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Losses in Iraq hit hardest at home

Of all of the states, Pennsylvania, Texas and California have lost more men and women in Iraq.
/ Source: The Associated Press

Sandra Puello is strong for her children. But when they’re at school and she’s alone in her big new house in the Poconos, she inevitably thinks about her husband, and breaks down.

Six months ago, Army Sgt. Jaror C. Puello-Coronado, a military policeman, was guarding a base in southern Iraq when an out-of-control dump truck hit and killed him. He is one of 28 from Pennsylvania who have died in the war with Iraq, where the U.S. death toll reached 500 Saturday.

It is the largest number of American military casualties in a single conflict since Vietnam.

“We are losing all these lives, for what?” Puello says. “They bring back soldiers in body bags and what do you get from the government, the president? ‘I’m sorry.’ That’s not going to bring him back.”

The dead hailed from every state except Alaska, and also came from Washington, D.C., Puerto Rico and American Samoa. But Puello-Coronado’s adopted state, Pennsylvania, has paid an especially steep price. Only California and Texas, the two most populous states, have lost more men and women in Iraq than Pennsylvania, which ranks sixth in population.

“The people from Pennsylvania come from a veteran’s tradition — our fathers were, our grandfathers were, our brothers were, our uncles were,” said Keith Martin, a decorated Vietnam veteran and the state’s homeland security director.

Of the nation’s 26 million veterans, 1.2 million live in Pennsylvania. And the Veterans of Foreign Wars claims more members in Pennsylvania, at 134,000, than in any other state.

The ultimate sacrifice
The U.S. death toll in Iraq reached 500 Saturday when a bomb exploded under an armored vehicle that was searching for land mines and roadside bombs north of Baghdad. Three American soldiers and two Iraqi civil defense fighters were killed, and two U.S. soldiers were wounded.

Others were killed in combat during the early stages of the war, others by Iraqi insurgents after Saddam Hussein’s regime crumbled. More than 150 deaths were accidental, including an Army captain who was electrocuted; illness and disease claimed others. More than 20 committed suicide.

The first coalition casualties of the war occurred March 20, the day the U.S.-led invasion began, when a U.S. Marine helicopter crashed in Kuwait, killing all eight British soldiers and four Americans aboard.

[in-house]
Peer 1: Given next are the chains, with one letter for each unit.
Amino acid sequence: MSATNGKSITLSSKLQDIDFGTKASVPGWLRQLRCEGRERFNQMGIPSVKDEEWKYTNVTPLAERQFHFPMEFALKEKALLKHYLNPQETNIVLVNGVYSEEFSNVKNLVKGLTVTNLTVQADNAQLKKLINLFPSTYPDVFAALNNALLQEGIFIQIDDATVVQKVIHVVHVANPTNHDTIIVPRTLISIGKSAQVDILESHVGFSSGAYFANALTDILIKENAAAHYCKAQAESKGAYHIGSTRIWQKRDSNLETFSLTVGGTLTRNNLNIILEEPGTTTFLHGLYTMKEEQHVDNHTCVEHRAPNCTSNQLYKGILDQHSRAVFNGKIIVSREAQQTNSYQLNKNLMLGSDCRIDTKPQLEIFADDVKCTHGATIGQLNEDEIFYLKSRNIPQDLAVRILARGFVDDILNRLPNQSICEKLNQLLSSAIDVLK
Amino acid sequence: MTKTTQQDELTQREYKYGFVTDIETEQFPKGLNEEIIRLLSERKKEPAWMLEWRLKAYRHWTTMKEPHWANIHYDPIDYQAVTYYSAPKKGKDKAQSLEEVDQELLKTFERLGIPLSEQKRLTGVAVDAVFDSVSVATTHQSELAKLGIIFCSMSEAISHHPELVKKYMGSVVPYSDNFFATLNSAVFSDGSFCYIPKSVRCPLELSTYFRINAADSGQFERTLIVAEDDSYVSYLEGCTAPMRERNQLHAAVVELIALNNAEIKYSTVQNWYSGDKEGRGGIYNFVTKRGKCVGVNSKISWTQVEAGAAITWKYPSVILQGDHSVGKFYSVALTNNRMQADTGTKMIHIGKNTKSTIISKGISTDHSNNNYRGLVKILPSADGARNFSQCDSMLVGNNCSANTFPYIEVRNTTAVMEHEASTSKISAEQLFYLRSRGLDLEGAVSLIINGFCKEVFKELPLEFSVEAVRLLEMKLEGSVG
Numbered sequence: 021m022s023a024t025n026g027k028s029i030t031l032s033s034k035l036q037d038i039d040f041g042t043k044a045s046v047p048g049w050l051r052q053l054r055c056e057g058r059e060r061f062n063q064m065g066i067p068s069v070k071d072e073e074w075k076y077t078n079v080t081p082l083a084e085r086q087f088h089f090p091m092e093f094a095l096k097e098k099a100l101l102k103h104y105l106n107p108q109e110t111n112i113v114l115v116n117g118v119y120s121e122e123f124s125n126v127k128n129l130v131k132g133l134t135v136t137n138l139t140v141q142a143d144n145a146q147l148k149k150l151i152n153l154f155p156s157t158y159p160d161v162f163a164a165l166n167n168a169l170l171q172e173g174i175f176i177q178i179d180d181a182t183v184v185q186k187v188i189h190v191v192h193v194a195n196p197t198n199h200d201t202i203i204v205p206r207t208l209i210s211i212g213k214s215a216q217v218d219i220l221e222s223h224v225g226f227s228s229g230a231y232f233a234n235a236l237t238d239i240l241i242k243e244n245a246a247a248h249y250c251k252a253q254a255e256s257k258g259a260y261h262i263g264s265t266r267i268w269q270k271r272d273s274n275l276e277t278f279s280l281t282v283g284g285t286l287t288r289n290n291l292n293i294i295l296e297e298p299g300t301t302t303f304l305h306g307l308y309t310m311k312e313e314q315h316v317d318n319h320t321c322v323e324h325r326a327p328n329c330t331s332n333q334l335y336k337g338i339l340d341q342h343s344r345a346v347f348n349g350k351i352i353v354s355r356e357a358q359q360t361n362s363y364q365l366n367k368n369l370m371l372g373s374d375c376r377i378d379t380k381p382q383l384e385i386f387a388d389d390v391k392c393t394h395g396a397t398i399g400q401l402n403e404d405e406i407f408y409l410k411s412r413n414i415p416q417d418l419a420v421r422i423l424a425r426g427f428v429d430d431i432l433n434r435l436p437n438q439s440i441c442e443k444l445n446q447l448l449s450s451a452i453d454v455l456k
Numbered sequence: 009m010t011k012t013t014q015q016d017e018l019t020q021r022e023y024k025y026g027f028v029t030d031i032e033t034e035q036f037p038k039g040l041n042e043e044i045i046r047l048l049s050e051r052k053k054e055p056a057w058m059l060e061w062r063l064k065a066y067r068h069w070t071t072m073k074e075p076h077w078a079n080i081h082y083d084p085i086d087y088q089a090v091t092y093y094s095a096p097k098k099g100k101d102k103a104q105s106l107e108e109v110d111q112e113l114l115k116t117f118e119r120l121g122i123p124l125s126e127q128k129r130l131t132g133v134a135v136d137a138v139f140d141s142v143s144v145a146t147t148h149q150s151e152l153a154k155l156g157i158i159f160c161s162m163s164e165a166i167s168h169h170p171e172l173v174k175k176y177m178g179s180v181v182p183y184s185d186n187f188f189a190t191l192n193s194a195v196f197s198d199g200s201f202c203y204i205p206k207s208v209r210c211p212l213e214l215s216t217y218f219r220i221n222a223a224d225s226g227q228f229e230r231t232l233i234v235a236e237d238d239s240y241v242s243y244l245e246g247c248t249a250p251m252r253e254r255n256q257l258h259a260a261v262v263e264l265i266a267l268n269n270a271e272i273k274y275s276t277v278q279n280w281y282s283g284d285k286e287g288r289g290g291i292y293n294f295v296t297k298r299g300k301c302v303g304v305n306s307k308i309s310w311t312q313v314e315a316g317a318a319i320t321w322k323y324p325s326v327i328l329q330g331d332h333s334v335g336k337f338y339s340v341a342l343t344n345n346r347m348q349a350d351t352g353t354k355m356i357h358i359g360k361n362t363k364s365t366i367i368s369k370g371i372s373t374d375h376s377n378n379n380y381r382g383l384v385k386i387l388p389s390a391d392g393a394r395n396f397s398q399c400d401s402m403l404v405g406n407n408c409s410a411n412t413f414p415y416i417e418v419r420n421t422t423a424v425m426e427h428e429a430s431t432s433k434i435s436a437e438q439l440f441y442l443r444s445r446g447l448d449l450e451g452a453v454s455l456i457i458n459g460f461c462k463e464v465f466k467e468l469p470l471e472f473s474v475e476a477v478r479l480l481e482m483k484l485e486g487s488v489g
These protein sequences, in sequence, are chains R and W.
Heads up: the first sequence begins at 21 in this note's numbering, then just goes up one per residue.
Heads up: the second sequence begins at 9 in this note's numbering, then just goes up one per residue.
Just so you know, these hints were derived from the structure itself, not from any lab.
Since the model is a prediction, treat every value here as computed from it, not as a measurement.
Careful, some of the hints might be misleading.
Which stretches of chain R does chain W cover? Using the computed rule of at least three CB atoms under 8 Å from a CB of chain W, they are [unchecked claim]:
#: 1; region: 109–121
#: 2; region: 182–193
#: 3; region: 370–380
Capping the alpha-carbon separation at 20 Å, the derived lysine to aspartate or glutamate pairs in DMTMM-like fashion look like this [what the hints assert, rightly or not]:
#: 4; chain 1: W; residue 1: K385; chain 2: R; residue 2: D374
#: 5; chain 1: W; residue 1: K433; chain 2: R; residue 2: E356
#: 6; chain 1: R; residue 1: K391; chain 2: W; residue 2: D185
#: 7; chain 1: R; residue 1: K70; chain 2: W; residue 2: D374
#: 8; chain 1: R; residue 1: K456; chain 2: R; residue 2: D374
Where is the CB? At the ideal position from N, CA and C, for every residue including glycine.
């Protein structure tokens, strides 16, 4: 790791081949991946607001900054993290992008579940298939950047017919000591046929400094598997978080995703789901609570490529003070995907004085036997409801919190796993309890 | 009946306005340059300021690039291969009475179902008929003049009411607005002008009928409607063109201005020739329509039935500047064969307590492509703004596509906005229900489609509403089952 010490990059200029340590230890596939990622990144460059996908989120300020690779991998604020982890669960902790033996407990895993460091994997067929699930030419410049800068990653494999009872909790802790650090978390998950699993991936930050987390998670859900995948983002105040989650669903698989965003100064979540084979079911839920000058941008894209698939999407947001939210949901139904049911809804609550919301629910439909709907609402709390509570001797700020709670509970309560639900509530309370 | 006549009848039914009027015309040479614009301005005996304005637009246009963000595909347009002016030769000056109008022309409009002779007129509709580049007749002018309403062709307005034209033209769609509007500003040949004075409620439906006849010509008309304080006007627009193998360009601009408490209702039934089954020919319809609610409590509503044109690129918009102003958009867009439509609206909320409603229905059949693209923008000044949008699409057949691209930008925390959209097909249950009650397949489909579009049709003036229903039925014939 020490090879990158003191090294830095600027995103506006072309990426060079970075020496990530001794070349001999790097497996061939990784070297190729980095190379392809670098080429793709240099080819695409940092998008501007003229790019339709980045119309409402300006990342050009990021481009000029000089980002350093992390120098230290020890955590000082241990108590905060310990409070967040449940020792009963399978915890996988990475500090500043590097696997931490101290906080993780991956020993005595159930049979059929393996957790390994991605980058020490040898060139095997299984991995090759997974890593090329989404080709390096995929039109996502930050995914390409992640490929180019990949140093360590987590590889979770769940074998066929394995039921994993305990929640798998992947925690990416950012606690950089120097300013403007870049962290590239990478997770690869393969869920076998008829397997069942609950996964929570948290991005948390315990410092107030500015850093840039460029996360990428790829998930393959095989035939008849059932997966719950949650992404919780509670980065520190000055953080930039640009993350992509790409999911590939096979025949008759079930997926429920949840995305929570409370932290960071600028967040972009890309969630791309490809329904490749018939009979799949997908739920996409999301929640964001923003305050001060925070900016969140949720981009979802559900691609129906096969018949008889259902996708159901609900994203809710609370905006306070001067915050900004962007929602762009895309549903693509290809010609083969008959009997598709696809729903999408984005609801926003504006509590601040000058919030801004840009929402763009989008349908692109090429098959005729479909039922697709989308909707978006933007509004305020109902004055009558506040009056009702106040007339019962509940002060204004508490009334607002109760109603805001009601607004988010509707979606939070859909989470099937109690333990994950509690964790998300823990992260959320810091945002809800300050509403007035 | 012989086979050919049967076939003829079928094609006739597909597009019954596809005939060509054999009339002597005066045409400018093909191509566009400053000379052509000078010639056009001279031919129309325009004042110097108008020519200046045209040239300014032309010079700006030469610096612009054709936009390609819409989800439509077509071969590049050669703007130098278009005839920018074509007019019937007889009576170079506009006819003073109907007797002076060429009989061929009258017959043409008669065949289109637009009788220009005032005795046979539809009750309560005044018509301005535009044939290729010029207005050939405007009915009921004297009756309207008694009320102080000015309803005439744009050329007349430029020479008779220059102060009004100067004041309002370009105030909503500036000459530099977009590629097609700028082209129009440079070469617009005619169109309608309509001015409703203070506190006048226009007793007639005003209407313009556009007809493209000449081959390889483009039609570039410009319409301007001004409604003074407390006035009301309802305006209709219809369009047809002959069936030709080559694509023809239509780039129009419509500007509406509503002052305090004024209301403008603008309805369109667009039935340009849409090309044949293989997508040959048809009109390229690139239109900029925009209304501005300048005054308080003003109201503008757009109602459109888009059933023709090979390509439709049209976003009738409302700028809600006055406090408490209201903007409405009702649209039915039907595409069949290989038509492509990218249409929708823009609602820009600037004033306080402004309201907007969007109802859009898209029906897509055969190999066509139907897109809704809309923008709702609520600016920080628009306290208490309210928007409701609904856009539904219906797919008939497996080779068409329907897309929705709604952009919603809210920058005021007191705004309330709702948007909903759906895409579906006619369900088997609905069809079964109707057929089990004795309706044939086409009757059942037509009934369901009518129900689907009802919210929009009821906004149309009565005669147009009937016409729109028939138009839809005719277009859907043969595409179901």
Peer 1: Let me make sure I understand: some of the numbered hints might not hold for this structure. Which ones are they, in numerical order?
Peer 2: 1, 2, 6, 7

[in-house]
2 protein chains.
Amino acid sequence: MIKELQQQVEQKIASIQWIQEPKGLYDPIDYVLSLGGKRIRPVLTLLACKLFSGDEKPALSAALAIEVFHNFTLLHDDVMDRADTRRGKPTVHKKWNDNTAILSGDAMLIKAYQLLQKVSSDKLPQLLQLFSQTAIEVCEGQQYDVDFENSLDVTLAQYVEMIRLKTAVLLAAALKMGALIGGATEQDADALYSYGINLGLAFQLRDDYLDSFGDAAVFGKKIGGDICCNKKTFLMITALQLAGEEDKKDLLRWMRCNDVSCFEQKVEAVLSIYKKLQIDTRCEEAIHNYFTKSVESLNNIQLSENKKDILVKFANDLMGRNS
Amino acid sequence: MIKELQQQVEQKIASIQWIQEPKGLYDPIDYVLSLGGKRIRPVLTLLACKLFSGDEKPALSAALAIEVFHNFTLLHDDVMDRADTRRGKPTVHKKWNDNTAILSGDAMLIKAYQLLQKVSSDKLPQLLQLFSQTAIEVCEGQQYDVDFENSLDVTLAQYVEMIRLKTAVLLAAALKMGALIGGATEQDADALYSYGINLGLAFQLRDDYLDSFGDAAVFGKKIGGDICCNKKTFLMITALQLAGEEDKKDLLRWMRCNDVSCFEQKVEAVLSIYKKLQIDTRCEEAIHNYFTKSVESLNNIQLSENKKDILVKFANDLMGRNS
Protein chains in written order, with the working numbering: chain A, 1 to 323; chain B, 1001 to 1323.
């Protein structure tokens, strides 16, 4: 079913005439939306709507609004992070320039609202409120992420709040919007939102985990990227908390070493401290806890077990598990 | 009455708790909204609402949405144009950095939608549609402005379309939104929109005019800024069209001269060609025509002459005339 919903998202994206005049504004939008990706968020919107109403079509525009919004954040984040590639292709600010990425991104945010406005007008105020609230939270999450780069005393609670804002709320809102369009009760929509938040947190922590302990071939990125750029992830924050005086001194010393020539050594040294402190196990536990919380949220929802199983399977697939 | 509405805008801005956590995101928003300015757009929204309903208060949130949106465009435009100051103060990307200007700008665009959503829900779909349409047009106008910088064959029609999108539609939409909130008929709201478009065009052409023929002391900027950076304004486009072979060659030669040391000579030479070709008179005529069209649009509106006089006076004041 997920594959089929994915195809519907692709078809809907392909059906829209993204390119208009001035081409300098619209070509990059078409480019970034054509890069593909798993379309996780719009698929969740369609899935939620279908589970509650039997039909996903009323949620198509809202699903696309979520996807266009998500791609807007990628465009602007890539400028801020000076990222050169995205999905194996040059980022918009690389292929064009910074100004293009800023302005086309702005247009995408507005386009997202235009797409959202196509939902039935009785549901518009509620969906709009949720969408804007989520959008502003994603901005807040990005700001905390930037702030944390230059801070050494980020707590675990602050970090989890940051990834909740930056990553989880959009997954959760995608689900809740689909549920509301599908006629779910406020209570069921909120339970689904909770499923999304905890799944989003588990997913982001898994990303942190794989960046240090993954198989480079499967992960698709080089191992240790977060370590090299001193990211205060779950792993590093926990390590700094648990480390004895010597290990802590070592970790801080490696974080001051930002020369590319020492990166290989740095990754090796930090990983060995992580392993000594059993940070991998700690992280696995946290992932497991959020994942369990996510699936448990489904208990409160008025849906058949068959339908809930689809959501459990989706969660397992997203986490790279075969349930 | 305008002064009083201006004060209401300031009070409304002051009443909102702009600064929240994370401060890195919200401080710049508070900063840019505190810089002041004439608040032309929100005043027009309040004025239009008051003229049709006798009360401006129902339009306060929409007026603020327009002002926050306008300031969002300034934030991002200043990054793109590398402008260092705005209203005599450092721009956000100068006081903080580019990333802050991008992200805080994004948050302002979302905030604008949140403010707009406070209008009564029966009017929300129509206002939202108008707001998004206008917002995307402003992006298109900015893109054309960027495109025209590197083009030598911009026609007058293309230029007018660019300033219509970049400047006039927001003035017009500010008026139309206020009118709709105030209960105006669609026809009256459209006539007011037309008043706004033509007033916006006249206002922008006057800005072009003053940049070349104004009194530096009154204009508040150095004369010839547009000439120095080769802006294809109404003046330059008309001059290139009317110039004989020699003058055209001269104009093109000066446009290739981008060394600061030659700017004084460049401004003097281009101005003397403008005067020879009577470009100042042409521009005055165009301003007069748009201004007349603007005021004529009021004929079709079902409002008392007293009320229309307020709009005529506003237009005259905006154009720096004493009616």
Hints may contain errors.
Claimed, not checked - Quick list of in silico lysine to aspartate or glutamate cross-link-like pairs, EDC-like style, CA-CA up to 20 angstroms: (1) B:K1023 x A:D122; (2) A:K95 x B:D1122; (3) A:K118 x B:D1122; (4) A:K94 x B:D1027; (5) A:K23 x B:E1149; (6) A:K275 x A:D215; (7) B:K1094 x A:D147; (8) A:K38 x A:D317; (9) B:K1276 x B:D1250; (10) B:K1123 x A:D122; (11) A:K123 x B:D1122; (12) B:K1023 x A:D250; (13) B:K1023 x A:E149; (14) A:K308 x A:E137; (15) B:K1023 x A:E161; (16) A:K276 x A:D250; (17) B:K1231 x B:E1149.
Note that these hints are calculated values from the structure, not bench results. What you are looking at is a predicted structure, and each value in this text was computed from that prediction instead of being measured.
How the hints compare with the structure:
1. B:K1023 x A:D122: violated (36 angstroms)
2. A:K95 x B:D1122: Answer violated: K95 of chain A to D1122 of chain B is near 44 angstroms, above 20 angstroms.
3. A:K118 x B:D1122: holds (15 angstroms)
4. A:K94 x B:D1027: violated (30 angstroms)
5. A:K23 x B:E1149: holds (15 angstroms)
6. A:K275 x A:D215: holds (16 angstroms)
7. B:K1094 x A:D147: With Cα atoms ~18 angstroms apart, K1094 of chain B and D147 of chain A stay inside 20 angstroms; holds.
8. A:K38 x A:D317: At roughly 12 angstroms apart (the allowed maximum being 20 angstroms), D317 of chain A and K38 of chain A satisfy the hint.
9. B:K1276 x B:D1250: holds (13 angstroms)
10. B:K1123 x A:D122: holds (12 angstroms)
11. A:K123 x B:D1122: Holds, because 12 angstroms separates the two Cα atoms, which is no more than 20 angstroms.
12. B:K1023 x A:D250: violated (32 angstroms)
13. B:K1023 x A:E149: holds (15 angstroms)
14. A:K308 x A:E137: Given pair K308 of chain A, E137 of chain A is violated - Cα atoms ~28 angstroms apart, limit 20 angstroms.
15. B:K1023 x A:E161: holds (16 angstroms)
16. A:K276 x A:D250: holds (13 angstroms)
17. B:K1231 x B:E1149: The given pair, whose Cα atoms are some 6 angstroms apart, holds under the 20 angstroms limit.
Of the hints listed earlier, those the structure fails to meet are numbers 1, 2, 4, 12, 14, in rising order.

Two days later, Sgt. Hasan Akbar allegedly tossed a grenade into a military tent in Kuwait, killing two members of the 101st Airborne Division and wounding 14 others. Akbar faces two counts of premeditated murder.

The toll also includes 11 of rescued POW Jessica Lynch’s comrades, killed in an ambush on their maintenance convoy.

Several of the recently widowed have called Gold Star Wives, an organization for spouses of military dead, seeking to share their grief with someone who has been through the ordeal, said Rachel Clinkscale, the group’s chairwoman, whose husband was killed in Vietnam.

“I know how (a new widow) feels,” Clinkscale said. “Unless you’ve gotten that telegram, you really don’t know.”

Most of the deaths in Iraq occurred after President Bush declared an end to major combat on May 1.

'You can always find me in the star'
On July 13, Puello-Coronado was guarding the entrance to a military base in Ad Diwaniyah, about 100 miles south of Baghdad, when he spotted a dump truck whose driver had lost control. Puello-Coronado pushed one soldier out of the way and warned another, but was unable to save himself, according to the military. “His ultimate sacrifice saved the lives of his friends,” a military account said.

In his last letter home, Puello-Coronado urged his wife to look to the heavens.

“When you sit quietly under the moonlight sky, look up and find the North Star. I will be looking at it also, and imagine me next to you, even though we are far apart,” he wrote. “You can always find me in the star.”

Puello calls her husband a hero, but that hasn’t made his death any easier to bear. She said she was so angry one day that she went outside and chopped down all the trees in front of the house.

For her children, the loss of their father was a tremendous blow. Seven-year-old Jade cries often. Sean, 10, writes in his journal that their family got a raw deal. Like his two younger siblings, 15-year-old Victor gets counseling at school.

Two days before Christmas, more than 20 men from Puello-Coronado’s unit showed up at his wife’s house to pay their respects. Puello said she hopes for the safe return of the rest of the 125,000 troops still stationed in Iraq, grieving anew when she hears of each new fatality.

“I think I’ll be happy, at ease and at peace when I hear they’re coming home,” she said.